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                Author and article information

                Journal
                Cancers (Basel)
                Cancers (Basel)
                cancers
                Cancers
                MDPI
                2072-6694
                18 November 2020
                November 2020
                : 12
                : 11
                Affiliations
                Institute of Pharmacology and Structural Biology, 205 Route de Narbonne, 31400 Toulouse, France
                Author notes
                [†]

                We dedicate this Special Issue to Dr. Justin Teissié, an outstanding scientist, extraordinary adviser, and respected friend, who lived for science, and whom we lost in September 2020. He lost his fight, but his electric-field mediated battle against cancer will indeed go on.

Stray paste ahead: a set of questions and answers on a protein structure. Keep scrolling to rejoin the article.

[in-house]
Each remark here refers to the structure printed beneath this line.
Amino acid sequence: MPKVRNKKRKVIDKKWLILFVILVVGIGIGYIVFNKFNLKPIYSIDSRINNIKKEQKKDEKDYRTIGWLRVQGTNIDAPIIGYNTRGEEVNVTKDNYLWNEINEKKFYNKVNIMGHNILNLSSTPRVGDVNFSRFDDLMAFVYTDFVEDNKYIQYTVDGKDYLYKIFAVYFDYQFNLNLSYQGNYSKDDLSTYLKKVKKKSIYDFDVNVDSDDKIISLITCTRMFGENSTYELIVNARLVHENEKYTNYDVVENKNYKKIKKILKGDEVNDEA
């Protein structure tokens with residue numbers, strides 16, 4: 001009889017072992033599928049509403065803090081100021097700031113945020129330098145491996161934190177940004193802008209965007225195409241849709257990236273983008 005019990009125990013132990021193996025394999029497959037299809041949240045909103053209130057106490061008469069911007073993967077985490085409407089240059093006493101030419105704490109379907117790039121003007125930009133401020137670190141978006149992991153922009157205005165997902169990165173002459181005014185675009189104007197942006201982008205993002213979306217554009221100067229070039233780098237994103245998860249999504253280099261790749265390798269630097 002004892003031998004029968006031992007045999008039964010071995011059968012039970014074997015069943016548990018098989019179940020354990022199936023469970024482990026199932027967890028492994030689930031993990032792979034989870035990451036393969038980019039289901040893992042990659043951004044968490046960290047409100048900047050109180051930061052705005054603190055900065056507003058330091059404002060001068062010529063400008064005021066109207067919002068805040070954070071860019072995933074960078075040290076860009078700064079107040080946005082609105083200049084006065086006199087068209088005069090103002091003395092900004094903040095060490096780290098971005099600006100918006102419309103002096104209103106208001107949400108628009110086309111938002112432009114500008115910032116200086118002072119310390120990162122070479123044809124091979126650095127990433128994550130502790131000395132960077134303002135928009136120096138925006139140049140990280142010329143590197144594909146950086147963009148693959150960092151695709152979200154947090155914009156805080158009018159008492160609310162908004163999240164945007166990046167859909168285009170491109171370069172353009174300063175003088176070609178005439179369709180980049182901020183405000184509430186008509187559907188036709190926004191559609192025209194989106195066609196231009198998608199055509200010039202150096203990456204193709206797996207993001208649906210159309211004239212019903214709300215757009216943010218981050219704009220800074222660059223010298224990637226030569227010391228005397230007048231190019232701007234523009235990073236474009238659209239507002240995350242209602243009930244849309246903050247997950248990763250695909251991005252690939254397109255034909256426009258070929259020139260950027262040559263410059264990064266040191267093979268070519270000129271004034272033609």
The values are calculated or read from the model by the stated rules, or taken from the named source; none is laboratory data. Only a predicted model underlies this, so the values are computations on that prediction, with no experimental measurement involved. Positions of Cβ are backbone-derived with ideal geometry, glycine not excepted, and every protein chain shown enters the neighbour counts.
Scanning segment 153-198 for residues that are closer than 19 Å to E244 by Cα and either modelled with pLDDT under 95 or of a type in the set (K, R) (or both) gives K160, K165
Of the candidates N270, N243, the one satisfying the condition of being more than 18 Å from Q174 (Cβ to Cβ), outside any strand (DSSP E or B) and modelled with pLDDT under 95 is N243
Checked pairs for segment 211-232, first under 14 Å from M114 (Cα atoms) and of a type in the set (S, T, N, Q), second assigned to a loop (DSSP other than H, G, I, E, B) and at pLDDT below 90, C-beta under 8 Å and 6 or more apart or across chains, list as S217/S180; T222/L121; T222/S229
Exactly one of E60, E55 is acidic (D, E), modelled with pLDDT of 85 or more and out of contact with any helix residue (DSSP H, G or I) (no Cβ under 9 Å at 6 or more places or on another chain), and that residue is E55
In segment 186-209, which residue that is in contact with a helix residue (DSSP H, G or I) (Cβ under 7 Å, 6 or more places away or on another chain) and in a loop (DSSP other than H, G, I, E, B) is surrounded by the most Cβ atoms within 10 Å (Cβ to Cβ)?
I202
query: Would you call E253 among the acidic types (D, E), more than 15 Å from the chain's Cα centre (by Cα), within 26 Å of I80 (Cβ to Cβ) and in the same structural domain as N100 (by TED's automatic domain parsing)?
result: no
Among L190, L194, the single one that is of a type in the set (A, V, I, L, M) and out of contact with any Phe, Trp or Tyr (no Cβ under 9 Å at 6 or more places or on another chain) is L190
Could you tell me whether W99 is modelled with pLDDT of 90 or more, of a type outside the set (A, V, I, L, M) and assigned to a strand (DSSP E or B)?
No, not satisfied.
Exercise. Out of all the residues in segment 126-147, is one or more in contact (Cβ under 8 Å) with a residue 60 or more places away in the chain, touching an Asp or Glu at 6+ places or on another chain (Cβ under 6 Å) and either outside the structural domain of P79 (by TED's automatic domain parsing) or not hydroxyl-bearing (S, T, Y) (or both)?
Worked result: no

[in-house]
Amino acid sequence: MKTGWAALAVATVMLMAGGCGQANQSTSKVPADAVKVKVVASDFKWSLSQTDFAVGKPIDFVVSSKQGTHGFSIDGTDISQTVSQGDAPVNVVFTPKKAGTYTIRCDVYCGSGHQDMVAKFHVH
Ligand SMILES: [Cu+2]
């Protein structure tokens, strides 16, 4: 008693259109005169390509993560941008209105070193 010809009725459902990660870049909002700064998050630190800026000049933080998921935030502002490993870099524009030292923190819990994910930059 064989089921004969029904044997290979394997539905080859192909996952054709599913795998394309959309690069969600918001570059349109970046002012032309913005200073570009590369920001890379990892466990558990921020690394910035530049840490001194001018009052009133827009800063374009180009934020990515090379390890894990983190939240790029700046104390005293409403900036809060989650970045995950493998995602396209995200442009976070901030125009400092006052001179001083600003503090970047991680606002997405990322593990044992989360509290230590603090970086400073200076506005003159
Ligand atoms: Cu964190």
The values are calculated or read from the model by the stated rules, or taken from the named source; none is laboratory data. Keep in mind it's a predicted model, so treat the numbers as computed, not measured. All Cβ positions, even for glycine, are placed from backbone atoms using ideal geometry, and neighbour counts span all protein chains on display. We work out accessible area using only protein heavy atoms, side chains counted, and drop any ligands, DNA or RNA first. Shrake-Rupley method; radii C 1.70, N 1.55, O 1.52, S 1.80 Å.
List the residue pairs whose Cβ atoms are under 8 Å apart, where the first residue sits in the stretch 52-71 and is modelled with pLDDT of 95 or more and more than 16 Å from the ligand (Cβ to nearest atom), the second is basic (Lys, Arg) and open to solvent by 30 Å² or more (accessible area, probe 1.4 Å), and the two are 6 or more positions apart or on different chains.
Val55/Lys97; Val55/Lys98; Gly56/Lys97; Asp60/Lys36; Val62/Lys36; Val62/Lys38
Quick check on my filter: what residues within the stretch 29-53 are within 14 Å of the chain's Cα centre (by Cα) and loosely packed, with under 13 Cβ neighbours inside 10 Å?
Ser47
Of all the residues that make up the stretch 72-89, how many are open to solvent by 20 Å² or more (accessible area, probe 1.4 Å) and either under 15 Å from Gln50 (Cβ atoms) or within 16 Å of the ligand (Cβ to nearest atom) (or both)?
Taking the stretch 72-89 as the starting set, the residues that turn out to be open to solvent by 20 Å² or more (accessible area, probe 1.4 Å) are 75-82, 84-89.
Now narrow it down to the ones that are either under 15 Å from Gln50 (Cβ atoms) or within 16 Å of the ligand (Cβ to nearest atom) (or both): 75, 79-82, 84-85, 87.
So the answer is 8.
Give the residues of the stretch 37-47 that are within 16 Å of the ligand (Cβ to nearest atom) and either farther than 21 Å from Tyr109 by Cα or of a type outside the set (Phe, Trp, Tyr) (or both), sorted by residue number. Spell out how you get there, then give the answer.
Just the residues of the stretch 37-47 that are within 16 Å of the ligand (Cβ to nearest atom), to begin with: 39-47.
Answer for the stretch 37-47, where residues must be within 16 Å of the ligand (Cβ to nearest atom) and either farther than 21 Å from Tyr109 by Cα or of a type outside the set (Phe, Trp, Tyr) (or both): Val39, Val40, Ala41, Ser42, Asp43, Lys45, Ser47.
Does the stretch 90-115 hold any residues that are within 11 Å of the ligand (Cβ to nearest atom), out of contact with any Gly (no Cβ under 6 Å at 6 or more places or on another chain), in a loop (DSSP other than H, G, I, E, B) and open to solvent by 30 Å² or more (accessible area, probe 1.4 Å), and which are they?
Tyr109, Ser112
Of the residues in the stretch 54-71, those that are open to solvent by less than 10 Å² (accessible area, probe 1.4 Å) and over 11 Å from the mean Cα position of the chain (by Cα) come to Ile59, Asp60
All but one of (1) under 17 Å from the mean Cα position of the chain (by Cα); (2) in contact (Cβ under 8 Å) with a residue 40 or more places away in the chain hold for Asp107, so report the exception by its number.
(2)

Article
                cancers-12-03420
                10.3390/cancers12113420
                7698628
                33218021
                © 2020 by the authors.

                Licensee MDPI, Basel, Switzerland. This article is an open access article distributed under the terms and conditions of the Creative Commons Attribution (CC BY) license ( http://creativecommons.org/licenses/by/4.0/).

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                Editorial